Striving to improve respect for international humanitarian law
Keynote address by Dr. Jakob Kellenberger, President of the International Committee of the Red Cross, XXVIIIth Round Table on Current Problems of International Humanitarian Law. San Remo, 2 September 2004
Mr. High Commissioner for Refugees,
Mr. President of the Institute,
Ladies and Gentlemen,
I thank the Institute of International Humanitarian Law for organizing this Round Table and thank all of you for your interest in engaging with us in reflection and debate on this year’s topic – that is, “Strengthening Measures for the Respect and Implementation of International Humanitarian Law and Other Rules Protecting Human Dignity in Armed Conflict”.
The protection of human life and dignity is a fundamental objective – one that lies at the very core of international humanitarian law and the other bodies of law we will discuss in the coming days. As affirmed in the Declaration of the 28th International Conference of the Red Cross and Red Crescent in December 2003, " The inherent dignity of every human being can best be promoted and safeguarded through a complementary application of, in particular, international humanitarian law, human rights law and refugee law[, as appropriate ] . "
International humanitarian law, when properly applied, affords vital protection to the lives and dignity of those who are vulnerable in times of conflict. Its provisions are aimed at protecting civilians, peop le deprived of their liberty, the wounded in war, and those under foreign or military occupation. Parties to an armed conflict have the responsibility to implement and respect these laws and the international community has the responsibility – some speak of obligation – to ensure this respect.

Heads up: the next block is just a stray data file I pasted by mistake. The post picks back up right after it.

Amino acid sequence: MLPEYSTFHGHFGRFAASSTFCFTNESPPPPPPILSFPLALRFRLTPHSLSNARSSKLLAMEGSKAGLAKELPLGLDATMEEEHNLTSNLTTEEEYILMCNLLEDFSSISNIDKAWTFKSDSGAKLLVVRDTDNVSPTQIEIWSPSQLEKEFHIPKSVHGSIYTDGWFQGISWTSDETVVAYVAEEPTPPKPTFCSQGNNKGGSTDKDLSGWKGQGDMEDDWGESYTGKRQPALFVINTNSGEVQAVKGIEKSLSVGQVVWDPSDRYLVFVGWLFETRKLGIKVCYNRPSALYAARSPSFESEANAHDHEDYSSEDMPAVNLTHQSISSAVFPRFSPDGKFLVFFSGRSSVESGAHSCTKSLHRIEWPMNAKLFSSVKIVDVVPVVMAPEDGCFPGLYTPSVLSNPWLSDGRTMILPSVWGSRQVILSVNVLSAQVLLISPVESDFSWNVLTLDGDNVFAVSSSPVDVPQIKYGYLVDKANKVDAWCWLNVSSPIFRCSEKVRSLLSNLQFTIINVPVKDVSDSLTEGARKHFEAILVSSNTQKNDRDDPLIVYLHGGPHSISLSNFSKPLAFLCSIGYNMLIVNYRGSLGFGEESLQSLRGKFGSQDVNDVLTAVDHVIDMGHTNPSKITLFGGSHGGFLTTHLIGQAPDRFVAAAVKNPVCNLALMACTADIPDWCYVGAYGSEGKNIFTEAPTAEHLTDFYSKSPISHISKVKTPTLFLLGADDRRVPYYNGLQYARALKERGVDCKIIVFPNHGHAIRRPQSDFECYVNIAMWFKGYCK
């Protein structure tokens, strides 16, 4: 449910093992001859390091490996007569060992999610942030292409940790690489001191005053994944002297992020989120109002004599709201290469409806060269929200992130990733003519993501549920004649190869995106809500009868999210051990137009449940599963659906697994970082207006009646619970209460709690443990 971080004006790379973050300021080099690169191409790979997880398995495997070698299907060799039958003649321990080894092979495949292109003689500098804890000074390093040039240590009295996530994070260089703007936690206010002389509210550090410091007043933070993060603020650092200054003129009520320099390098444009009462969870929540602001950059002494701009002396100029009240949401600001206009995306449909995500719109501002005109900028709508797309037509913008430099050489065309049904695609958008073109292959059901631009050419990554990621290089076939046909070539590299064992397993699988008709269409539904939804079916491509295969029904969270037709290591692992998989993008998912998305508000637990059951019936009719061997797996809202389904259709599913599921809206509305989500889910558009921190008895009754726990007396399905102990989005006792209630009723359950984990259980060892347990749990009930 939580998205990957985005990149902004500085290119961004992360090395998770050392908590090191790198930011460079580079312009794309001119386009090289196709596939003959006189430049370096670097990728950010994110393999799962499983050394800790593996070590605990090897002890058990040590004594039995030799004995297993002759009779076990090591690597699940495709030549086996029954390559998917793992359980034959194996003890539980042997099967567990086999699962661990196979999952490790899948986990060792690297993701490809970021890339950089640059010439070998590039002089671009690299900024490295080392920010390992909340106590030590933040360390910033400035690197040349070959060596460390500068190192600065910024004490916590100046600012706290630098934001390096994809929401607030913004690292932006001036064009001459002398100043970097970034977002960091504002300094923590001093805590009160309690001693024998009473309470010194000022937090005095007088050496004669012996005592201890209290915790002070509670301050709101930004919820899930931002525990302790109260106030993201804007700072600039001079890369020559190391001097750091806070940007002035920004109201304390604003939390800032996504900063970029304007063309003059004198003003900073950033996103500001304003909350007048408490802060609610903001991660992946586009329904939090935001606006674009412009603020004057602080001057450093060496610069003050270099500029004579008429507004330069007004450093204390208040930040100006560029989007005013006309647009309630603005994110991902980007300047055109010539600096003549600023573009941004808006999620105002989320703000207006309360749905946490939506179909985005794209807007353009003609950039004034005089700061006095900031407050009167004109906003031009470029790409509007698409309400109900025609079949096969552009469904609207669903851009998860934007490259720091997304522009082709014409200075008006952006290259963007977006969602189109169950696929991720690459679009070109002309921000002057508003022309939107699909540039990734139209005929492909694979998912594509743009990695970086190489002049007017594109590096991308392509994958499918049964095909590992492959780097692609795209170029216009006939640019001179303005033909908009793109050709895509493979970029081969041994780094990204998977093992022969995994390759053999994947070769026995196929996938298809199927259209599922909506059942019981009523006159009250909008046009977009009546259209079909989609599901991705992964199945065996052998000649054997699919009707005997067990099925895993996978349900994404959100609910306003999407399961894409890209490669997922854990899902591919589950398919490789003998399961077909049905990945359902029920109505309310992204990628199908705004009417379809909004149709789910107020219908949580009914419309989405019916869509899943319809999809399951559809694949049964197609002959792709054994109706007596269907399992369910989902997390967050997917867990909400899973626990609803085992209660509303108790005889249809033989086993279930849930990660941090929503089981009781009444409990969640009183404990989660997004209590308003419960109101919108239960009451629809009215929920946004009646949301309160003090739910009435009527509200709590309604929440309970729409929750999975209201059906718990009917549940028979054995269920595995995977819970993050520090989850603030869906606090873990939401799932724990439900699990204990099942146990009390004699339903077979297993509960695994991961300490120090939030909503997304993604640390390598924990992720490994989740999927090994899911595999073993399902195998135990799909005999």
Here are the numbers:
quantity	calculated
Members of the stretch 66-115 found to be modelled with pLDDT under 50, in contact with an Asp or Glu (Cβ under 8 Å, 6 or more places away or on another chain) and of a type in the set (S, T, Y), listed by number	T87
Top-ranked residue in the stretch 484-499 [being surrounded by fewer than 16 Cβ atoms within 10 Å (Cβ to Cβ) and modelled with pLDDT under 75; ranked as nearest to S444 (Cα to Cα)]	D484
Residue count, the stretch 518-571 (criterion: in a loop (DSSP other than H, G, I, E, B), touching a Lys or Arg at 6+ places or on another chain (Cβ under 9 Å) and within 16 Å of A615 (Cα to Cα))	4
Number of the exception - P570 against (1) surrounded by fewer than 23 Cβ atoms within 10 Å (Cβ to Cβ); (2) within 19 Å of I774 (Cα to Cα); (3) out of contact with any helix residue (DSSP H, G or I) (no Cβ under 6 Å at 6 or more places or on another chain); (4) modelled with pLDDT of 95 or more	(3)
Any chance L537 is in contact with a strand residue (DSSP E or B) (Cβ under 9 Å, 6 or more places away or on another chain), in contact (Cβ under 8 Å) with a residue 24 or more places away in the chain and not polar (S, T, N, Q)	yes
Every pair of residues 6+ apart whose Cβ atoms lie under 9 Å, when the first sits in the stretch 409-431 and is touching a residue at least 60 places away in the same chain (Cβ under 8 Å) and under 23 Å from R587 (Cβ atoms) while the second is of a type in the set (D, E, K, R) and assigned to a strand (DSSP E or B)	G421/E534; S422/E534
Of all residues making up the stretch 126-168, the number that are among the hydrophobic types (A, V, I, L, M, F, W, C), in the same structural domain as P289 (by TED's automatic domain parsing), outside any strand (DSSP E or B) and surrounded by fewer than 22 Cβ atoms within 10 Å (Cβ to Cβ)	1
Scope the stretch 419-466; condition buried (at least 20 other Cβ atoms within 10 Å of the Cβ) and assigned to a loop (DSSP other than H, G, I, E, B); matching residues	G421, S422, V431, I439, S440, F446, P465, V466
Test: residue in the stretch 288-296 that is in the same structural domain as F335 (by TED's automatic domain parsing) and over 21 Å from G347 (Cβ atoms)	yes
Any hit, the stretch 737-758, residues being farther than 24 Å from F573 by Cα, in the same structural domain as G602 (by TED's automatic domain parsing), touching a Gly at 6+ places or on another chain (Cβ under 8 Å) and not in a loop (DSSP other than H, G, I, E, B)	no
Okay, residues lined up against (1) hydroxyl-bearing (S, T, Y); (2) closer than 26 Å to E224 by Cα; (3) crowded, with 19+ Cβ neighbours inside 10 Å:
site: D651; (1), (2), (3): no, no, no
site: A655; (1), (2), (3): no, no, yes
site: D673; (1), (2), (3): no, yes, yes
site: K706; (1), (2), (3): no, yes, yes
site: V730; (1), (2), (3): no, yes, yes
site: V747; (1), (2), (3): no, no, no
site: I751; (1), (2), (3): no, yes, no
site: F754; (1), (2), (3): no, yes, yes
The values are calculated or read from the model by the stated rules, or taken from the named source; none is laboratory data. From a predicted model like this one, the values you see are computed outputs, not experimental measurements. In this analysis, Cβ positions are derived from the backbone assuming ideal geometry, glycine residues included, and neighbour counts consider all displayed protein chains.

Where international humanitarian law is not respected, however, human suffering becomes all the more severe and the consequences become all the more difficult to overcome. It has, as far as the consequences are concerned, to be reminded that past wars are among the causes of new wars. This is particularly evident for wars which have been waged in total disregard of the rules of international humanitarian law. This is not a particularly encouraging statement with some past and present wars in mind. Political quick fixes will however never heal the wounds of humiliation and other wounds in the near or medium term. It is important to think of this in time. Deliberate targeting of civilians, indiscriminate attacks, forced displacement of populations, destruction of infrastructure vital to civilian populations, the use of civilians as human shields, rape and other forms of sexual violence, torture, destruction of civilian property and looting – these and other violations of international humanitarian law cause untold suffering in armed conflicts throughout the world. As witnessed most recently in Darfur, for example, we have to recognize that the ability of humanitarian organizations to protect the civilian population in armed conflict is often extremely limited. Indeed, the objective of protecting human dignity through ensuring respect for the law involves staggering practical challenges. This statement is far from new. Some of you may, while following the Darfur tragedy, have thought of the report of the International Commission on Intervention and State Sovereignty entitled " The responsibility to protect " , published in December 2001, and noted how far we are from a world w here all States take this responsibility seriously, even with regard to their own civilian population. I hope the behaviour of the main violators of international humanitarian law will not in the end be honoured by an international community which agrees to safe areas conceived as a plan to re-engineer the social structure of Darfur. We do not oppose safe areas as short term, transitional measures for imperative security reasons, but we firmly oppose them as a disguised way to political re-engineering of the social fabric of the region.